Professor Pat Dickson Quoted in Wall Street Journal Article about Entrepreneurship

6.14.2012 Article, Entrepreneurship, Faculty News

How to Collaborate on a New Product
Reposted from The Wall Street Journal | by Emily Maltby and Sarah E. Needleman

Some entrepreneurs hope they'll benefit by working together to collaborate on new products, in order to fast track production and branch into new markets.

But before you seek to co-develop a new product, there are some possible pitfalls to think about.

Dogfish Head founder Sam Calagione, left, spent a day alongside Brooklyn Brine founder Shamus Jones, right, to make their first large batch of beer-infused pickles.

Consider the case of the "Hop Pickle" now in development by Dogfish Head Brewery, of Milton, Del., known for the shark-in-shield on its bottles, and Brooklyn Brine, a nearly three-year-old pickle company in Brooklyn, N.Y.

In late May Dogfish founder Sam Calagione stood in the pickle company's production facility and pumped Dogfish beer from a keg into a plastic container. A few feet away, Shamus Jones, the Brooklyn Brine founder, stirred a hot vat of vinegar, water, onions and sea salt.

The beer and Cascade hop oil was added to the other ingredients and the alcohol flashed off in the heating process, leaving just the flavor of the beverage.

The pair plan to price the pickle at $10 to $12 a jar. Its logo will be a shark crashing into barrels, a play on each company's emblems.

Mr. Jones, 32, says he hopes the Hop Pickle will give his brand greater exposure. But Mr. Calagione, who founded Dogfish in 1995, acknowledges that the pickle company is "risking more of their production capacity to do it."

Even though you're sharing the work, remember that you also may need to stretch time and resources in order to make the joint products a success.

When Kelly & Jones, a New York City perfume company, teamed up with Sweet Revenge, a cupcake, beer and wine bar, also in New York City, to create a food-inspired fragrance last year, "our timeline was on shifting sands," according to Marlo Scott, the owner of Sweet Revenge.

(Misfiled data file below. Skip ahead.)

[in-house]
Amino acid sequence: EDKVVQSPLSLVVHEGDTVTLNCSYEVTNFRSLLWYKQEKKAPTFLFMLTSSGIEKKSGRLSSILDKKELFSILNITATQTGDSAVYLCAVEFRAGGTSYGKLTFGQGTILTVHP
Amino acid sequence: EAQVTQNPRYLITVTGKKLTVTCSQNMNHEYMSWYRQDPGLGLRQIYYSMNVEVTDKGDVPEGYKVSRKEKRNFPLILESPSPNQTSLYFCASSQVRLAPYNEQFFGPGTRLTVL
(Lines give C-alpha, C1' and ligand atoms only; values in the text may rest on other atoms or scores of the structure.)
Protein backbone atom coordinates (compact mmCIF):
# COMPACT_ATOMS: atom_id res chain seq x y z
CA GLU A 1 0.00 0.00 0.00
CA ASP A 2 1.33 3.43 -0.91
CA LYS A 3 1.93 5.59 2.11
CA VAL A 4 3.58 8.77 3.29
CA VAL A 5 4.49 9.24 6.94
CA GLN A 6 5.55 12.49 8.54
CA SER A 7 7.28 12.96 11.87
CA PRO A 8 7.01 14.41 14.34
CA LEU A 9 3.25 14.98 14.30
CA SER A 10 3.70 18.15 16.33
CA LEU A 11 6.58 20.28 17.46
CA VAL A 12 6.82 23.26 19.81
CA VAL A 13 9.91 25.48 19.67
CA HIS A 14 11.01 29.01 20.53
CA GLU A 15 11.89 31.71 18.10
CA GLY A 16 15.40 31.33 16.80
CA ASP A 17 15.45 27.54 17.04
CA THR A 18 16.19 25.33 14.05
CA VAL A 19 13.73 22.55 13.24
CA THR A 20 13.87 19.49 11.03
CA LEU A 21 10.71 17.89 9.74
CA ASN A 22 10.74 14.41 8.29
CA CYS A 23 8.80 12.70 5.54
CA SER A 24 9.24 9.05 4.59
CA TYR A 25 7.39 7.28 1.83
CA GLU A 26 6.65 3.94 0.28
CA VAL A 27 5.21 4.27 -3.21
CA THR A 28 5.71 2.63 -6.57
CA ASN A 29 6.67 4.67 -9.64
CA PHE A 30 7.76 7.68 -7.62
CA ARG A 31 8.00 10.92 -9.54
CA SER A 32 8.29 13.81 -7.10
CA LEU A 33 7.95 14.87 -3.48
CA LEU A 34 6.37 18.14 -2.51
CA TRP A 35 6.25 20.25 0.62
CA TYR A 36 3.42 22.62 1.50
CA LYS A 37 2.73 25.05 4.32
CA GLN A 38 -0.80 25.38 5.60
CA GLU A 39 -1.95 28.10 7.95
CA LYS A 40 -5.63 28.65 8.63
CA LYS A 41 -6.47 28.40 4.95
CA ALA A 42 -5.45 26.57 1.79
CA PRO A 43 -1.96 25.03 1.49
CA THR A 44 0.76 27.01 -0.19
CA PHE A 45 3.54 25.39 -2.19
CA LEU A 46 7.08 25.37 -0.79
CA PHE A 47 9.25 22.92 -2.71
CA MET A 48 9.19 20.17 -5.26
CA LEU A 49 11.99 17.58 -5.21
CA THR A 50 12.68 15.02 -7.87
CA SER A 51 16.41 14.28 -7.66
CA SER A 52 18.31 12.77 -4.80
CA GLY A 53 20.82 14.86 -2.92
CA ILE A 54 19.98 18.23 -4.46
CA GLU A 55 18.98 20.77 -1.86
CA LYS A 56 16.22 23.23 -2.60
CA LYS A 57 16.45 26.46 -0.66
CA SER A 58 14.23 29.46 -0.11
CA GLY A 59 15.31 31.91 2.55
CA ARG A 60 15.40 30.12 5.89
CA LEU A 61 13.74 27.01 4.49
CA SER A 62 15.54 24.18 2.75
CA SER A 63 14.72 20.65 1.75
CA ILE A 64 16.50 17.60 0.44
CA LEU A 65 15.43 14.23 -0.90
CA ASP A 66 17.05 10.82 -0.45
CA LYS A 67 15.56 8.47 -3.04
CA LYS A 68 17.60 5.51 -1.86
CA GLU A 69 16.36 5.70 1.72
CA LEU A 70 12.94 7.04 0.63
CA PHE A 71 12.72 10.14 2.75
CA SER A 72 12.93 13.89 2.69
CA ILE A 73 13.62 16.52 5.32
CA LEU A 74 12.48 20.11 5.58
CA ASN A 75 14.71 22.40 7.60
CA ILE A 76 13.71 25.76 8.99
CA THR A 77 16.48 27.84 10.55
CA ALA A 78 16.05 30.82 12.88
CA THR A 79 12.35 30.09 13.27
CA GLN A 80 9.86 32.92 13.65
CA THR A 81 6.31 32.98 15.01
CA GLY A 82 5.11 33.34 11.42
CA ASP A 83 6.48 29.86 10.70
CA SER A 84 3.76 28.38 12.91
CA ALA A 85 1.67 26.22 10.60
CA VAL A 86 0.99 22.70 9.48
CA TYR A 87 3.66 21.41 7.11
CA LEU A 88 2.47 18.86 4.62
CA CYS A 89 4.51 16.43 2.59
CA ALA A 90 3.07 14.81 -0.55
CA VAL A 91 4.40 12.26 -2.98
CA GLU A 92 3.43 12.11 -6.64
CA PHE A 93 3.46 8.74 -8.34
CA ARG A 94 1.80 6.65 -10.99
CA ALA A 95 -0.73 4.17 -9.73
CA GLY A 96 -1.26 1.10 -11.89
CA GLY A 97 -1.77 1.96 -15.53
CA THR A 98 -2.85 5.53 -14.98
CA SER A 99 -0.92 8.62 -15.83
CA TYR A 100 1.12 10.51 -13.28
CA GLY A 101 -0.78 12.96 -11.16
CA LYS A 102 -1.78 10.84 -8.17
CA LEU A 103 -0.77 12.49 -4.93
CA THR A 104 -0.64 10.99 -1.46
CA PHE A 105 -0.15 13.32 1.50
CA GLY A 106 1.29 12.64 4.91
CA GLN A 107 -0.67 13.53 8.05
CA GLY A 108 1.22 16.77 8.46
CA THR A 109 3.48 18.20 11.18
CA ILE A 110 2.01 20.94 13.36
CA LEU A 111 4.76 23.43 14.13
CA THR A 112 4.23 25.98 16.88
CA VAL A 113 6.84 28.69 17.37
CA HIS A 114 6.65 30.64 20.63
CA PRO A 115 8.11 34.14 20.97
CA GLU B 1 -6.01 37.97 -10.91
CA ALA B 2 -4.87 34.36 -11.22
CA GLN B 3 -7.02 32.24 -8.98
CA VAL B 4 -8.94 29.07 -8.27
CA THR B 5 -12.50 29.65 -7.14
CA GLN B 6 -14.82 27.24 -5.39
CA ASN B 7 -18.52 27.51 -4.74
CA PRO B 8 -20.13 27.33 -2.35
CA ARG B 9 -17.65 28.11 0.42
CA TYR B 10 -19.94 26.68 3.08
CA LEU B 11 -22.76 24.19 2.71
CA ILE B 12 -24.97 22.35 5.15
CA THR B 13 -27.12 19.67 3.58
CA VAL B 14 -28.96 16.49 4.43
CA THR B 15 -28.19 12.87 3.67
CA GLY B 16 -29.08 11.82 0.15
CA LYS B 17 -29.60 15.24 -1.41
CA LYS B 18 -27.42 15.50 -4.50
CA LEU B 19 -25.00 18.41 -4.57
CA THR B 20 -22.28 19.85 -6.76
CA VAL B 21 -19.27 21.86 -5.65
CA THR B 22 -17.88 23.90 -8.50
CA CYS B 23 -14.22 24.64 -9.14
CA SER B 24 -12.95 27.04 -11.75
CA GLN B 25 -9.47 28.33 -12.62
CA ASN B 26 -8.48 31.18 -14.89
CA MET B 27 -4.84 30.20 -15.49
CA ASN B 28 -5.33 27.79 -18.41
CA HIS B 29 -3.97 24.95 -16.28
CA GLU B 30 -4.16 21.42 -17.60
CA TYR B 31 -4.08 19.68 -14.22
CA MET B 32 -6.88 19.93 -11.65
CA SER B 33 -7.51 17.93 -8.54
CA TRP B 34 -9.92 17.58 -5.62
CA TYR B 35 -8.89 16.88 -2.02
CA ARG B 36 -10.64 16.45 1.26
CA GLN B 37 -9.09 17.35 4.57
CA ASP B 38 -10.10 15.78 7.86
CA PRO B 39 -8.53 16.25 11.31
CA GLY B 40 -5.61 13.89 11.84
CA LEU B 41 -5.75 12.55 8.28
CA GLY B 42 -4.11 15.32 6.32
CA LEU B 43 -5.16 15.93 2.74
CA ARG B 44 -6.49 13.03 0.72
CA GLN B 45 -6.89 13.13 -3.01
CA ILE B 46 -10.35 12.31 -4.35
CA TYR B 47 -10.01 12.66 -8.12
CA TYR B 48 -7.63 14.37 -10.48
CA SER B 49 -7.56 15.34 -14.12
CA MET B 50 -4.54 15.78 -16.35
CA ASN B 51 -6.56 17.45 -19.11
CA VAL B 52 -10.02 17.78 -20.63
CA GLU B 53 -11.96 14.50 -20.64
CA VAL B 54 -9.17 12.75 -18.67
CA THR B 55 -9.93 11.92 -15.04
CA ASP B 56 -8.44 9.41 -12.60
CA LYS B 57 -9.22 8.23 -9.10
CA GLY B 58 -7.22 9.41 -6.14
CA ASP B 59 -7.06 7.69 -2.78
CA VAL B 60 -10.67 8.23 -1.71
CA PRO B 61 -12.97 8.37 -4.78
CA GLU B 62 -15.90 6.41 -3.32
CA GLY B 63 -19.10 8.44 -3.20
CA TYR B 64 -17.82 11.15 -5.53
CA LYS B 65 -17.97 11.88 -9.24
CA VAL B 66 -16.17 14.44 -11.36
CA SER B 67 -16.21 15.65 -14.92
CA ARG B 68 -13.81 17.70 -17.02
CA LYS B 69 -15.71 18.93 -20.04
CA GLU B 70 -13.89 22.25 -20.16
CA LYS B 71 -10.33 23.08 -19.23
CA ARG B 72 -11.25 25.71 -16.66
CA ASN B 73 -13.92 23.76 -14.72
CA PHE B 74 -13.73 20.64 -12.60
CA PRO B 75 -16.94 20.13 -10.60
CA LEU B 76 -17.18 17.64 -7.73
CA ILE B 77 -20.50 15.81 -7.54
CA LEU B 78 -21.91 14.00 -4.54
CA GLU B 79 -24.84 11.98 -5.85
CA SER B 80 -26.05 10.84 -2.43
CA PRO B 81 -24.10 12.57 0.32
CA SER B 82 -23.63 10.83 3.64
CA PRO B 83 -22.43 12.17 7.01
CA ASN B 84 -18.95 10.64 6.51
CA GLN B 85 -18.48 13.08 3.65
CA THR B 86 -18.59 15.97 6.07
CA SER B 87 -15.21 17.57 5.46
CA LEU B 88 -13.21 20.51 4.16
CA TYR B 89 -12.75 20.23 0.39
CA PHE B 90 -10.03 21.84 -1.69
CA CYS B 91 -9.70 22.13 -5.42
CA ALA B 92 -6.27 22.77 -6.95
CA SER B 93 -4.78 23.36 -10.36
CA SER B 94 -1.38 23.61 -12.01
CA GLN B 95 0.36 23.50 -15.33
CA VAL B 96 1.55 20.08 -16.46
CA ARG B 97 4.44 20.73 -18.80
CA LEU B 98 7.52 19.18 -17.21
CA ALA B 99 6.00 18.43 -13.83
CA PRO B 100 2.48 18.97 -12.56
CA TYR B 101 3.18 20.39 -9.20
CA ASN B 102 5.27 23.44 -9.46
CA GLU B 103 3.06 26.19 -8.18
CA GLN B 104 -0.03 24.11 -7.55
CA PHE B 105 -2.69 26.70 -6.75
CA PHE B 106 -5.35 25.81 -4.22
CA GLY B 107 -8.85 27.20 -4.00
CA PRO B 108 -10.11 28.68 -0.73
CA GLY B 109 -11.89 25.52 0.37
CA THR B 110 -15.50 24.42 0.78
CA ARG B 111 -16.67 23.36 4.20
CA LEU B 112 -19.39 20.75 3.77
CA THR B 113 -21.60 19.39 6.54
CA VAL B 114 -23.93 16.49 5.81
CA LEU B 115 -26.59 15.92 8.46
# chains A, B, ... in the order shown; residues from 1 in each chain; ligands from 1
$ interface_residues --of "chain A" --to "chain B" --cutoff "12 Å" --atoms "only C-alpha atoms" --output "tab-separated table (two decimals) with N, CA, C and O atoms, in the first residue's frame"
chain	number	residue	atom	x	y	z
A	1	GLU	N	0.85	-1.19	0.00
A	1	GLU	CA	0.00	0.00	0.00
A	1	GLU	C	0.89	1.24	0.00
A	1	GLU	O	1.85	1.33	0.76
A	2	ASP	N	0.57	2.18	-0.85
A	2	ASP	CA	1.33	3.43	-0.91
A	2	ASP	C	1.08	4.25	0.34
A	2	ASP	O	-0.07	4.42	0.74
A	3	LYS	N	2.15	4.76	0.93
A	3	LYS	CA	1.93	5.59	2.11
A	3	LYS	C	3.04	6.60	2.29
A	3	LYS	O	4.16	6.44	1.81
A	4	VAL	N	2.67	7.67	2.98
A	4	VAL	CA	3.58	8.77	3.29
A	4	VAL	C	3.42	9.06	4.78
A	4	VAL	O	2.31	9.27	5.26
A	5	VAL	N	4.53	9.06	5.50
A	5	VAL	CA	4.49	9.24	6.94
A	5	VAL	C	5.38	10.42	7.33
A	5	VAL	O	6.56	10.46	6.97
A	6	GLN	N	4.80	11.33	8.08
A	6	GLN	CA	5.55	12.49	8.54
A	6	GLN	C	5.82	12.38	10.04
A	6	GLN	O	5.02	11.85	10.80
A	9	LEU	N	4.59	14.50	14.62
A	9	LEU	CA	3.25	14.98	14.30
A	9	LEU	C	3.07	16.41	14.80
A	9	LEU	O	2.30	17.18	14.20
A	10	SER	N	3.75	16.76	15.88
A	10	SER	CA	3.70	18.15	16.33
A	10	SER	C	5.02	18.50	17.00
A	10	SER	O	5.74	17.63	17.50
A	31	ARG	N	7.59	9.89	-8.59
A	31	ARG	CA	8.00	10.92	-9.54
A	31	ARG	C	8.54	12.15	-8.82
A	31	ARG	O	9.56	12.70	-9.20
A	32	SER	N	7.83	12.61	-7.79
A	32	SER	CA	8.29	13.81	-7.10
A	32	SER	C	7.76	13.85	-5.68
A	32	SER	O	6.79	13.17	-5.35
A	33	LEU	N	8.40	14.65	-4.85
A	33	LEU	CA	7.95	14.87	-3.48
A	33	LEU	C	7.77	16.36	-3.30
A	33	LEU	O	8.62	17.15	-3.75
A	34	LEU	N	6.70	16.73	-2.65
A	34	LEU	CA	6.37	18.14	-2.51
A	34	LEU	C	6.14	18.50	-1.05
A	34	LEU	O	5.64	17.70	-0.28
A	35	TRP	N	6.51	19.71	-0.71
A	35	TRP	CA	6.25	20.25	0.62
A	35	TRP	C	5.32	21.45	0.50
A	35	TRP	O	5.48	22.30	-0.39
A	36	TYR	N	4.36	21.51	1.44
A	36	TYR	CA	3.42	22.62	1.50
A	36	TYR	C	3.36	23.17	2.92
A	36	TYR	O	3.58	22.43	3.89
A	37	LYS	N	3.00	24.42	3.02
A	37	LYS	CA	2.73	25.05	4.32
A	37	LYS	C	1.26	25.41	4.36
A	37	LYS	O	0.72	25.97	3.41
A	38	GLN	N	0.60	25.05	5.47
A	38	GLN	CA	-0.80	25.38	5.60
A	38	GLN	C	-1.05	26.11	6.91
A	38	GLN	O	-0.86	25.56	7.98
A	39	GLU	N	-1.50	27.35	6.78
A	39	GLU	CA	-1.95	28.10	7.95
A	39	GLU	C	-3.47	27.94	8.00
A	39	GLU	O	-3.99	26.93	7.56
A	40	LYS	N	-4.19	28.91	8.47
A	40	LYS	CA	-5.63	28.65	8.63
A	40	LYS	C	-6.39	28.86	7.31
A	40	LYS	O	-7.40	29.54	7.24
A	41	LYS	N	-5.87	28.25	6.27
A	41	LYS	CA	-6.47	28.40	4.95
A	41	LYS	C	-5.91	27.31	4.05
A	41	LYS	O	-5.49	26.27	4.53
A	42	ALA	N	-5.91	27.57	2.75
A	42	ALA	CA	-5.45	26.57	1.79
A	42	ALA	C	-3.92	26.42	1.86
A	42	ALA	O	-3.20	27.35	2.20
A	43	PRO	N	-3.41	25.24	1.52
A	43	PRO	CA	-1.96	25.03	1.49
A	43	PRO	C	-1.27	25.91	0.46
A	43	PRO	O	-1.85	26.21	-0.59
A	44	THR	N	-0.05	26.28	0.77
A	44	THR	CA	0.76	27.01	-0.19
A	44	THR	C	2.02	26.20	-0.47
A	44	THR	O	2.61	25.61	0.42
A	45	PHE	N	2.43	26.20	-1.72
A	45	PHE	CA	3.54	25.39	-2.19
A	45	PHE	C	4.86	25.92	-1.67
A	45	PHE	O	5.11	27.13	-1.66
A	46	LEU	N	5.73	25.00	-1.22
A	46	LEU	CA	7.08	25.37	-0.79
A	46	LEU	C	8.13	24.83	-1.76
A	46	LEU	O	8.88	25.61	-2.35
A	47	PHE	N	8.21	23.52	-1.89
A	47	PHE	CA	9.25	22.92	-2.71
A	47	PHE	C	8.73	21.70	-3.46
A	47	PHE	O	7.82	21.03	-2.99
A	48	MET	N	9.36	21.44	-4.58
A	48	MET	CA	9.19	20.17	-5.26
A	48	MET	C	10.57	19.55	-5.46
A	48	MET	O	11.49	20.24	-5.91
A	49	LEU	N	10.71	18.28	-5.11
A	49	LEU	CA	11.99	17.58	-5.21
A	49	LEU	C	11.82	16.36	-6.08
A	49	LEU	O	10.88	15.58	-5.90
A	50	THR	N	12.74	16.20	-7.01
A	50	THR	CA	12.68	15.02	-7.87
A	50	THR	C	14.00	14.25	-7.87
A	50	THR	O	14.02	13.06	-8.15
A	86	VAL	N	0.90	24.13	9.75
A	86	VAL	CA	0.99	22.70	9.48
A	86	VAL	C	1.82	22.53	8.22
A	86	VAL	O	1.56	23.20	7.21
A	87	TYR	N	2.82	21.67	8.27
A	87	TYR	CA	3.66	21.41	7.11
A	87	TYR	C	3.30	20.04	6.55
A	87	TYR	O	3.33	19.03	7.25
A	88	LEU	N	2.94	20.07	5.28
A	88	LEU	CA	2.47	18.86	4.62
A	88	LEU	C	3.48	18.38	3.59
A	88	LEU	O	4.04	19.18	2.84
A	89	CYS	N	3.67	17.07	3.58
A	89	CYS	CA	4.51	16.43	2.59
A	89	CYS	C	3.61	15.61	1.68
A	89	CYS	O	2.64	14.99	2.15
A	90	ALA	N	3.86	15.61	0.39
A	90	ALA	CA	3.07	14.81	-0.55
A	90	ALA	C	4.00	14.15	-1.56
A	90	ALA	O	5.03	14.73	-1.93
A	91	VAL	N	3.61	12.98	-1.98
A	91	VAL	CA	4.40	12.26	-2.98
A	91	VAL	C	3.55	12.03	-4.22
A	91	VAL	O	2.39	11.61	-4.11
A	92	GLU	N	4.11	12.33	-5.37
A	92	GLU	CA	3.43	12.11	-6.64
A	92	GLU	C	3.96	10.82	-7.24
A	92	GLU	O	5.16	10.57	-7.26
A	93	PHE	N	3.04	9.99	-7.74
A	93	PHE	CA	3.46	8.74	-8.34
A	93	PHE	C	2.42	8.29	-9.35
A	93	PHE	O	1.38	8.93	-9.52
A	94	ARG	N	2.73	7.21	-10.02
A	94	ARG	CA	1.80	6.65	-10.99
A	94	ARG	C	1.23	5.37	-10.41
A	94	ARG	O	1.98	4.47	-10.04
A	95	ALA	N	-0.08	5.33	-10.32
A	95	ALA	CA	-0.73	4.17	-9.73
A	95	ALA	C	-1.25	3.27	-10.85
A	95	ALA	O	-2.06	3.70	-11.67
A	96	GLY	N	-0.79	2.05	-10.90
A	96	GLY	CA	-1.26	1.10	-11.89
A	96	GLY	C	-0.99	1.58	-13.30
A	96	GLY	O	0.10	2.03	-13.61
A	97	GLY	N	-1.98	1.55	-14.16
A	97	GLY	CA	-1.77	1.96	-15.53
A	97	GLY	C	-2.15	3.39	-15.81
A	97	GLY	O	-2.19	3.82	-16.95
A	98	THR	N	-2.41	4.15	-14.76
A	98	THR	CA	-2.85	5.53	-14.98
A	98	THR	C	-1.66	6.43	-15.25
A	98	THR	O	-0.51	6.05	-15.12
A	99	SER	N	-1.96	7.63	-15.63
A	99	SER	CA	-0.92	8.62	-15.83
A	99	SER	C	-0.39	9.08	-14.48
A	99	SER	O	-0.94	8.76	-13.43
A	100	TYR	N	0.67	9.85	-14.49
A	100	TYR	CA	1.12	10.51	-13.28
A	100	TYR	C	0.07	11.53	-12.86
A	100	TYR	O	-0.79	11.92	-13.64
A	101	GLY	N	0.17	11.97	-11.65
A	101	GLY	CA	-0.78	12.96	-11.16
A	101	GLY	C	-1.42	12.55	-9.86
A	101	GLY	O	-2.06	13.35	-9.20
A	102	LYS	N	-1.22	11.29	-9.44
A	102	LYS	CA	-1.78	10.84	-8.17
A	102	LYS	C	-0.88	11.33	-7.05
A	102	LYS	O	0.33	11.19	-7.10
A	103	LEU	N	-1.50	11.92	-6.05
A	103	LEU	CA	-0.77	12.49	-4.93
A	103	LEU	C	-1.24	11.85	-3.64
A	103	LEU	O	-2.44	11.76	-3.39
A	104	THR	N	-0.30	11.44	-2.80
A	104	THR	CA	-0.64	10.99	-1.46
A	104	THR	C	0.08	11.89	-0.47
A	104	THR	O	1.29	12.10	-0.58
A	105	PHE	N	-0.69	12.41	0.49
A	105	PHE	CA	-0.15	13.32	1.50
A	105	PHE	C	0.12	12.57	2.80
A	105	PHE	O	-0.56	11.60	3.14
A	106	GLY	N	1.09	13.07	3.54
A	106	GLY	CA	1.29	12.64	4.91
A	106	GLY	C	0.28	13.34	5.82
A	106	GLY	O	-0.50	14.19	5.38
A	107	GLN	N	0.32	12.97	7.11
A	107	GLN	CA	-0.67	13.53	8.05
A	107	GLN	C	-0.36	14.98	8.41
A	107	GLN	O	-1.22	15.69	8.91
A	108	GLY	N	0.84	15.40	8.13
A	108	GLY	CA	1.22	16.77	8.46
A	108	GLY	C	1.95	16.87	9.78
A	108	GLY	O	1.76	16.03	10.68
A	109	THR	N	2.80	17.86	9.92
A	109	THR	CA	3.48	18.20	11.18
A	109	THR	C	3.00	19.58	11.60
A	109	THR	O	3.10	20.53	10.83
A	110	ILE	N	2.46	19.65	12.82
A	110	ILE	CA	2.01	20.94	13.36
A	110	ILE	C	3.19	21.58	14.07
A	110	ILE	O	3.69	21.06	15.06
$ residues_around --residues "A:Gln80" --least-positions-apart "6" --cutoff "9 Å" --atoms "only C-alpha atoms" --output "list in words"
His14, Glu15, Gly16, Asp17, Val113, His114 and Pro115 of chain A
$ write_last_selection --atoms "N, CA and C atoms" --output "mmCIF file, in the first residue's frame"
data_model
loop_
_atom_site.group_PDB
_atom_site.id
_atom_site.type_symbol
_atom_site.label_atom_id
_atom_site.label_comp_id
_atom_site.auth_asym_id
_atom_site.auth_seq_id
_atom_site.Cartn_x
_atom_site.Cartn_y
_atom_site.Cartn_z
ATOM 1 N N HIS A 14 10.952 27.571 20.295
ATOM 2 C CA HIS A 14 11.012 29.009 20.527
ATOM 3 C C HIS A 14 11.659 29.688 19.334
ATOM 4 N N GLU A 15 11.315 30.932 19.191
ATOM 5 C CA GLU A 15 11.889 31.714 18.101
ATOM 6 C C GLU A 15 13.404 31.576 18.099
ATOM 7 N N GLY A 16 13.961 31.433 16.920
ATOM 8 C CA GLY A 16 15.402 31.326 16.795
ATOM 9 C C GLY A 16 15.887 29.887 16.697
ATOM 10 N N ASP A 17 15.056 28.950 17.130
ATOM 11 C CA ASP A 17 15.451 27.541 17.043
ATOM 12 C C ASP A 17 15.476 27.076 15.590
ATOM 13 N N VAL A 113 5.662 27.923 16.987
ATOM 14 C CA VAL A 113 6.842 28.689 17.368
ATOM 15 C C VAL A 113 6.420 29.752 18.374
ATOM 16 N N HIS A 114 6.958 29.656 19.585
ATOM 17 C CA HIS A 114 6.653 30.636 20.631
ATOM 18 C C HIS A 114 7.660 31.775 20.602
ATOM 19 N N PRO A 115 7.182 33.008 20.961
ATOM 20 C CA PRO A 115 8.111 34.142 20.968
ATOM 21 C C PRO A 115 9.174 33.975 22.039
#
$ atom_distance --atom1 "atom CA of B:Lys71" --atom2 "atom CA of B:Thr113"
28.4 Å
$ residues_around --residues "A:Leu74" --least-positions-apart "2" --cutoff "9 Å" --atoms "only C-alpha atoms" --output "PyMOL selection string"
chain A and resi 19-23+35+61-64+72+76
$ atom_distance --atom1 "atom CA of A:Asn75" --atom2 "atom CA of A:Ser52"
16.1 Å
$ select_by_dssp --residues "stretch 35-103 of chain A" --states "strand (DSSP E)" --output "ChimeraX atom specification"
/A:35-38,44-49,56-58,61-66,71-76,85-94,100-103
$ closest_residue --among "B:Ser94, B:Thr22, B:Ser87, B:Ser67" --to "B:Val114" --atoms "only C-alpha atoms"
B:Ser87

Sweet Revenge provided food items to inspire fragrances and mix sample batches, while Kelly & Jones procured ingredients, filled 75 bottles and applied labels. Kelly & Jones was prohibited from recreating the Sweet Revenge fragrance for another client or sell it under another name, even if the two companies stopped working together.

The release date was set for November, 2011, but over the course of the project, alcohol costs doubled and unexpected interruptions slowed things down. Ms. Scott caught a cold that caused temporary loss of smell. And during the winter holidays, Kelly Jones, the perfumer, became fully consumed by her own line.

The product ultimately launched in April. "Managing the schedules was so frustrating," adds Ms. Jones. Still, the duo plan to work together again to make a line of soaps.

Craft entrepreneurs sometimes can lower their costs and broaden their distribution by teaming up. At, an online crafts marketplace that grossed more than $525 million in sales last year, for instance, about 238,000 sellers have come together to form 5,000 "Etsy teams." Many have collaborated on furniture, clothing and various other items, which they in turn sold on, according to Kimm Alfonso, manager of the teams program.

Pat Dickson, an entrepreneurship professor at Wake Forest University, says that "over the past few years it's become difficult for small businesses to get loans so they've had to find other ways to access the resources they need to grow." In 2004, a survey he worked on found that 64% of 761 U.S. small businesses had "formed an alliance" with another business within the prior three years, most frequently in product development.

Lawyers caution that entrepreneurs should be sure to have a signed contract that outlines in detail how the collaboration will work, from beginning to end.

You and your partner should revisit the terms of the contract throughout product development and make adjustments as needed, lawyers say.

Click here to read the complete article in the Wall Street Journal